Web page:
Interestingly, the beer itself has been made in the same quantity (60,000 cases per year) since 1946. Unlike all the growth seen in the beer industry, these mellow monks have not changed their production (despite high demand) in almost 70 years. They do not advertise. The bottle doesn't even have a label, just an understated color coded and numbered cap!
The first time I had this beer was in 2012, in an incredibly tiny and cozy pub from the 1400's called Au Bon Vieux Temps in Brussels, Belgium. At the time, after an insanely long plane flight, fighting jet-lag and exhaustion, clustered into a tight huddle with my wife and our friends, this was truly one of the best beers I had ever had. Later in the trip we got to try it again for exorbitant prices, and it was still something special.
|Superimposed Westy bottle and the heraldry outside the abbey...|
The next time I tried the elusive Westy 12 was in 2014. It was at In de Vrede, the the official restaurant and shop just outside the Saint Sixtus Abbey grounds. We arrived at the restaurant fairly early (before 11 AM) and they were still selling some 6-packs of Westvleteren 8, the lower alcohol but tasty younger brother of the 12. Our traveling companion, Hassan, and I both bought some to share for the rest of our trip, but were sad that no 12 was available to take home. There, I had a wonderful light lunch of pate made with beer from the abbey, and we all shared glasses of the 6, 8, and 12 among our small group. Yup, still a great experience with this beer, but as previously this was much flavored by location and expectations.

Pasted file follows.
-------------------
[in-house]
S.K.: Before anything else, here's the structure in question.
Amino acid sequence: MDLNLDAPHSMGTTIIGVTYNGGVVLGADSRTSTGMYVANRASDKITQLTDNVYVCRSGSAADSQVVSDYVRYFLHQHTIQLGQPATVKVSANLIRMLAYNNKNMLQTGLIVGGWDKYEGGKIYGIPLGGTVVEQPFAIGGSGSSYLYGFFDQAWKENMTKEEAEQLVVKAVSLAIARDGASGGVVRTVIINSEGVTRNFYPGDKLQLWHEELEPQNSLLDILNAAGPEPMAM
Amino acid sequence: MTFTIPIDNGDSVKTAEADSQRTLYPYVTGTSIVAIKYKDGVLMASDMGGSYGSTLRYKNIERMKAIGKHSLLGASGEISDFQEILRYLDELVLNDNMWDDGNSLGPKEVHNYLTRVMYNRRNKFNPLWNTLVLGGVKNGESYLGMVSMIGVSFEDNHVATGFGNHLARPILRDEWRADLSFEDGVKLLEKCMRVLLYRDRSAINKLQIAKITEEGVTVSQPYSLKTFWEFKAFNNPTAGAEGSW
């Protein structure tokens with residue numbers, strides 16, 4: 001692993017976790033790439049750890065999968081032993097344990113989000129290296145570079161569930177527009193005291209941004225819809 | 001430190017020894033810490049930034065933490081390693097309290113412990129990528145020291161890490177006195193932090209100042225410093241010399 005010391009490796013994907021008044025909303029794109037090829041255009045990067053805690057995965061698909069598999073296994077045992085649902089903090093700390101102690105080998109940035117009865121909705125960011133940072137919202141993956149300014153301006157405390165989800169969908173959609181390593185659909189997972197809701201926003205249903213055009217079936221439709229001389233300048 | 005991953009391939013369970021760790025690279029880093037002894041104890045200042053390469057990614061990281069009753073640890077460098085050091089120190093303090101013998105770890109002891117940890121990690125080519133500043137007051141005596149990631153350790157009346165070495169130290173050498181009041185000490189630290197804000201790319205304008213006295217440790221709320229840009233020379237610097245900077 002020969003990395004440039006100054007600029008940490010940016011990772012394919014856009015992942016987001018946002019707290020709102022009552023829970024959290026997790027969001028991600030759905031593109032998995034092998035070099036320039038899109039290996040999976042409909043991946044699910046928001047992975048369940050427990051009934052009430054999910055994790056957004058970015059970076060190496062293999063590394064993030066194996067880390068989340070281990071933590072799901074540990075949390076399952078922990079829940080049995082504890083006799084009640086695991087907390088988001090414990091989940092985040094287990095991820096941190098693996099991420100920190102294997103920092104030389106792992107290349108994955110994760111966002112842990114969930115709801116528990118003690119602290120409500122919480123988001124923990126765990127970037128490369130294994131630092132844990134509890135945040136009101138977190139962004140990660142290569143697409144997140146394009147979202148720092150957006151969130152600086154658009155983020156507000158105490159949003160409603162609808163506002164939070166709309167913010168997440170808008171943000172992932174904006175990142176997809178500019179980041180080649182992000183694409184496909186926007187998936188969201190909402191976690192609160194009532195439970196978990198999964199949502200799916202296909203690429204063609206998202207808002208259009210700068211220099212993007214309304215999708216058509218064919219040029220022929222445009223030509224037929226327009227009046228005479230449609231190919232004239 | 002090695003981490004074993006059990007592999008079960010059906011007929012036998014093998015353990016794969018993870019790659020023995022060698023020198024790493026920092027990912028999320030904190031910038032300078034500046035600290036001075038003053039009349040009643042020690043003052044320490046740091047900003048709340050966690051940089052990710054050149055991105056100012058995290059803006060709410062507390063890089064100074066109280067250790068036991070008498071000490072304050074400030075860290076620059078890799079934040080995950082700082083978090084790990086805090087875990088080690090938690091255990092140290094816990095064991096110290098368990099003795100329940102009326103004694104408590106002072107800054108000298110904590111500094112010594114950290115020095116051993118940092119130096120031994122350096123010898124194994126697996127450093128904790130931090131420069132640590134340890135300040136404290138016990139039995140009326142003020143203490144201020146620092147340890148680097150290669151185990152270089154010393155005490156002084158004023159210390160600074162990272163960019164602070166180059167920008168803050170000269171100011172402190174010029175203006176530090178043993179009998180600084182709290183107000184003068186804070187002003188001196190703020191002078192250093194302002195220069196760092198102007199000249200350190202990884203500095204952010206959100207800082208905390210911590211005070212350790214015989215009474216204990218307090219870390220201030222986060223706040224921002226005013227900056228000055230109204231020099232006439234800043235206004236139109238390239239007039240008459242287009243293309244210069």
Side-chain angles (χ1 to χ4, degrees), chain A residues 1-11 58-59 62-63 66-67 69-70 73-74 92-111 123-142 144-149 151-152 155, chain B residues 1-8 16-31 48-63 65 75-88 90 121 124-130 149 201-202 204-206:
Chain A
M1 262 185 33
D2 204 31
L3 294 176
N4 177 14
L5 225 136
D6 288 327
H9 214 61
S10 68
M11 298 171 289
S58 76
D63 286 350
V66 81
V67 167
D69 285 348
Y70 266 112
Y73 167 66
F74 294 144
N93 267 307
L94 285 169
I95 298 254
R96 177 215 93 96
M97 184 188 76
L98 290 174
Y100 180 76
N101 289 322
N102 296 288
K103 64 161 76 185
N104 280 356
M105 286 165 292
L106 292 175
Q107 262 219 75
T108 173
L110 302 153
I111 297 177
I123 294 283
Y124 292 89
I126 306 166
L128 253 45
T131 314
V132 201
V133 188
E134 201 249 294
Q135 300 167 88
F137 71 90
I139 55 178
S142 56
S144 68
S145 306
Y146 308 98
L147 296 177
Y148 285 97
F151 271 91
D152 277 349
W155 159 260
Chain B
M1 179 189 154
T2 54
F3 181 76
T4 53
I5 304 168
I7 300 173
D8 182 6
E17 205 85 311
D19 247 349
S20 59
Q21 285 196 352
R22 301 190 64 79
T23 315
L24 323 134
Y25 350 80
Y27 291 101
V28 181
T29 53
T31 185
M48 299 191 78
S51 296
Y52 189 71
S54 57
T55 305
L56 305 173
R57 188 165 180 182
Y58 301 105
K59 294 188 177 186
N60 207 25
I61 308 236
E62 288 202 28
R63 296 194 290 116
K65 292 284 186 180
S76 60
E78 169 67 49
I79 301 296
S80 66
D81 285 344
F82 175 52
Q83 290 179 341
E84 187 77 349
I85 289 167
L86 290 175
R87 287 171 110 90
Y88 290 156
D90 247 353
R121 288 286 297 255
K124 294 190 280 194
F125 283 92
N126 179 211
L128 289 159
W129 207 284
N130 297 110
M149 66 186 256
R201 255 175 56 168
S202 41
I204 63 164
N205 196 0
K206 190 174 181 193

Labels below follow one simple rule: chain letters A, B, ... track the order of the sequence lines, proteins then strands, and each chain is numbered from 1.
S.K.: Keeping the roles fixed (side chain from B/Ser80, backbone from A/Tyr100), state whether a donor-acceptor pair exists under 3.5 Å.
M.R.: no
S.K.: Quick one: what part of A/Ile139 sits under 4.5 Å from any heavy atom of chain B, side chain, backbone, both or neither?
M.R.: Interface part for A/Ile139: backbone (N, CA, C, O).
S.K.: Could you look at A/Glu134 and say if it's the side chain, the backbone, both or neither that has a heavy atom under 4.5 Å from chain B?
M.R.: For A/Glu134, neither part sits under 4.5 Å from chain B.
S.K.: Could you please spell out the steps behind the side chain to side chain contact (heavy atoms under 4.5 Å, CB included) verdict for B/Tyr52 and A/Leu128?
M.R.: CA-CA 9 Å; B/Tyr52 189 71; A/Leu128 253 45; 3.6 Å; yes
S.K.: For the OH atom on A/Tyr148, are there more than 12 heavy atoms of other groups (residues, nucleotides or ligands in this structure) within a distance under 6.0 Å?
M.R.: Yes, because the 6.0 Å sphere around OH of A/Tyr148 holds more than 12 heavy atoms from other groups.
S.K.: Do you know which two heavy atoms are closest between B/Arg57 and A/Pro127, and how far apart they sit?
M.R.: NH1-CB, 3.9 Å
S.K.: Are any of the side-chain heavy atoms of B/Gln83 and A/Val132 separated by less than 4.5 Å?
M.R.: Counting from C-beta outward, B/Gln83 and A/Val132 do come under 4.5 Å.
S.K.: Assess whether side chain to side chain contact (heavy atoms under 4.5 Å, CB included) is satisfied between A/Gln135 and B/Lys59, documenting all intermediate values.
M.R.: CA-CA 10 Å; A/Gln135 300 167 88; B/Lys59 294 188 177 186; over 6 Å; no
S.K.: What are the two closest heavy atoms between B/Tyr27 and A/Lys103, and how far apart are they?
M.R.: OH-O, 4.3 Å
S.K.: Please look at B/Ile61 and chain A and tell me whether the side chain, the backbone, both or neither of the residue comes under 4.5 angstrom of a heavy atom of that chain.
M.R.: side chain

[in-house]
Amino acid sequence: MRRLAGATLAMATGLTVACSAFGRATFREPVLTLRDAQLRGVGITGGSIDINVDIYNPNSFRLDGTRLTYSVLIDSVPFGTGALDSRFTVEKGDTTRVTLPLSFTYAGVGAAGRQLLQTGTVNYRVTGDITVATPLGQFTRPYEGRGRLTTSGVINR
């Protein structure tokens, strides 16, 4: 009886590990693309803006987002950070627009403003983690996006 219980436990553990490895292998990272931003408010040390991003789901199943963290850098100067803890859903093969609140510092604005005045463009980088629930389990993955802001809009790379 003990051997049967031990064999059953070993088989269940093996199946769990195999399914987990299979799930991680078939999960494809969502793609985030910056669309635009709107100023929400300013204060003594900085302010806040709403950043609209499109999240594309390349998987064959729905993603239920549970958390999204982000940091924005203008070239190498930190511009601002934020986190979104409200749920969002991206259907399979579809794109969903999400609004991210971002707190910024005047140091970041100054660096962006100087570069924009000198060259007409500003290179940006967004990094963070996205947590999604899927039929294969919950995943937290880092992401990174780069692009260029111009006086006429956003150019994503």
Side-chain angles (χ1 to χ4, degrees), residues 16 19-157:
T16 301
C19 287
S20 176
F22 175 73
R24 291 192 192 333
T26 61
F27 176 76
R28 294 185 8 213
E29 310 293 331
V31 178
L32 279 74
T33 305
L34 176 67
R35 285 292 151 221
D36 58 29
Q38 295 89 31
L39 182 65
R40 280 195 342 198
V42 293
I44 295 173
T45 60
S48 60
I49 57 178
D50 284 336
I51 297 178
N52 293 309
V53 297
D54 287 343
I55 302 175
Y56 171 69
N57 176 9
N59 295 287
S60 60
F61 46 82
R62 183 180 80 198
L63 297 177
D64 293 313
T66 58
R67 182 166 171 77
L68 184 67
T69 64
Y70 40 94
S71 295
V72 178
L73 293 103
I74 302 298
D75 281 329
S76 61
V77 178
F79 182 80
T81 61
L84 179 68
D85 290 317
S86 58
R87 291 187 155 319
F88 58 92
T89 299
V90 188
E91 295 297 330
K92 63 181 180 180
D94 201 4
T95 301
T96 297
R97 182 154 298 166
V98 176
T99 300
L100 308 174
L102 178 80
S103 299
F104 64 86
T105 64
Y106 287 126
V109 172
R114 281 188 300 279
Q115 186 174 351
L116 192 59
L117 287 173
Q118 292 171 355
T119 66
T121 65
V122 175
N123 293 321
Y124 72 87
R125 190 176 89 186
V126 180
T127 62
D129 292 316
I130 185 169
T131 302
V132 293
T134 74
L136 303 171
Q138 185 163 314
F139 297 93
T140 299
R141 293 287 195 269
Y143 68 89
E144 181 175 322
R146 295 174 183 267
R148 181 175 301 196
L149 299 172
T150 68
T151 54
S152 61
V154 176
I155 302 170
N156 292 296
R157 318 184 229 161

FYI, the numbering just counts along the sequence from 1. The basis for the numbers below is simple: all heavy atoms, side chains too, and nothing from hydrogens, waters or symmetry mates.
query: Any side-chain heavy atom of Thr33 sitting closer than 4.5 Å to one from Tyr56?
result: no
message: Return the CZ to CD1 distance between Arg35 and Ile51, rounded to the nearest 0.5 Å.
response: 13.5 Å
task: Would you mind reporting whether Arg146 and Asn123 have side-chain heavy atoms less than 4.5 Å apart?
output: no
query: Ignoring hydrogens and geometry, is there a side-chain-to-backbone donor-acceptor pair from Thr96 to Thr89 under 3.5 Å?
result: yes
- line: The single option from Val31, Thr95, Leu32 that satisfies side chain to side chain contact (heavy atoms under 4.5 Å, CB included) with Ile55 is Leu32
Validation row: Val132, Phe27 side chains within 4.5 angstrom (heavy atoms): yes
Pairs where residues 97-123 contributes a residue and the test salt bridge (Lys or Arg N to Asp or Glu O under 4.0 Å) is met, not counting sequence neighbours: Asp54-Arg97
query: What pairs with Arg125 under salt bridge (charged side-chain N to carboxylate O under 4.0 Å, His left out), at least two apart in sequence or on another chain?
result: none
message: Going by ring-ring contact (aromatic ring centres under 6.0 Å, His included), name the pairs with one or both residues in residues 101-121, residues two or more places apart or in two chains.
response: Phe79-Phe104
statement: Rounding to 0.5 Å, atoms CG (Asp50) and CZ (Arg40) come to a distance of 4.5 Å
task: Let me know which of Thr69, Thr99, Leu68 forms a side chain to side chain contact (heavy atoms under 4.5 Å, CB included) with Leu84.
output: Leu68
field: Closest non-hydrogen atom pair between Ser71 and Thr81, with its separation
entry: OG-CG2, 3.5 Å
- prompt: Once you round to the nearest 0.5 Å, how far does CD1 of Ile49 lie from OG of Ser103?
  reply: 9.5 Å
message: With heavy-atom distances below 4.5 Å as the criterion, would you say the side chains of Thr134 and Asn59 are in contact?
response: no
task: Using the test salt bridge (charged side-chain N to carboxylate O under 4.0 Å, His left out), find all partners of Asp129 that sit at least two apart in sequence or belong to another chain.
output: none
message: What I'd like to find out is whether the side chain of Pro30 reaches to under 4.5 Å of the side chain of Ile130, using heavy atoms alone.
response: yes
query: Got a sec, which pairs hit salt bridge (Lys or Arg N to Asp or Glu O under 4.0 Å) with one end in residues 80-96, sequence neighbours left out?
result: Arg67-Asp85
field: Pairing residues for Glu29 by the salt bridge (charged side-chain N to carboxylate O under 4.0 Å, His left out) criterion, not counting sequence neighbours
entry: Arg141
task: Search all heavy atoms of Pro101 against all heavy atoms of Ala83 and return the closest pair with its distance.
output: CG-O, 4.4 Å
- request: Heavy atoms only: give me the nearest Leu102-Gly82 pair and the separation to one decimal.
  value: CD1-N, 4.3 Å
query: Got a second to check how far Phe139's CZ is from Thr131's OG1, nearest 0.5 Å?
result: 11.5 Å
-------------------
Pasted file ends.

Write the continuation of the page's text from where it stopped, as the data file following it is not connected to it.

A few years back the abbey needed repairs, so the monks allowed a small amount of the beer to be sold as gift packs (including glassware) to be sold through a distributor. When these beers made it to Minnesota, they sold out fast. Really fast. Many of the sellers were actually opening the packs and selling individual bottles for a huge profit. I sincerely hope that the monks got their fair share of money from that madness, but I kind of doubt it. The bottle we opened to taste this time comes from that particular batch--one can tell because of the screen-printed lettering on the bottle. I'm pretty sure this was from 2012. I received this particular bottle in a mass cellar buy-out earlier this year, and it was stored in a dark, cool basement.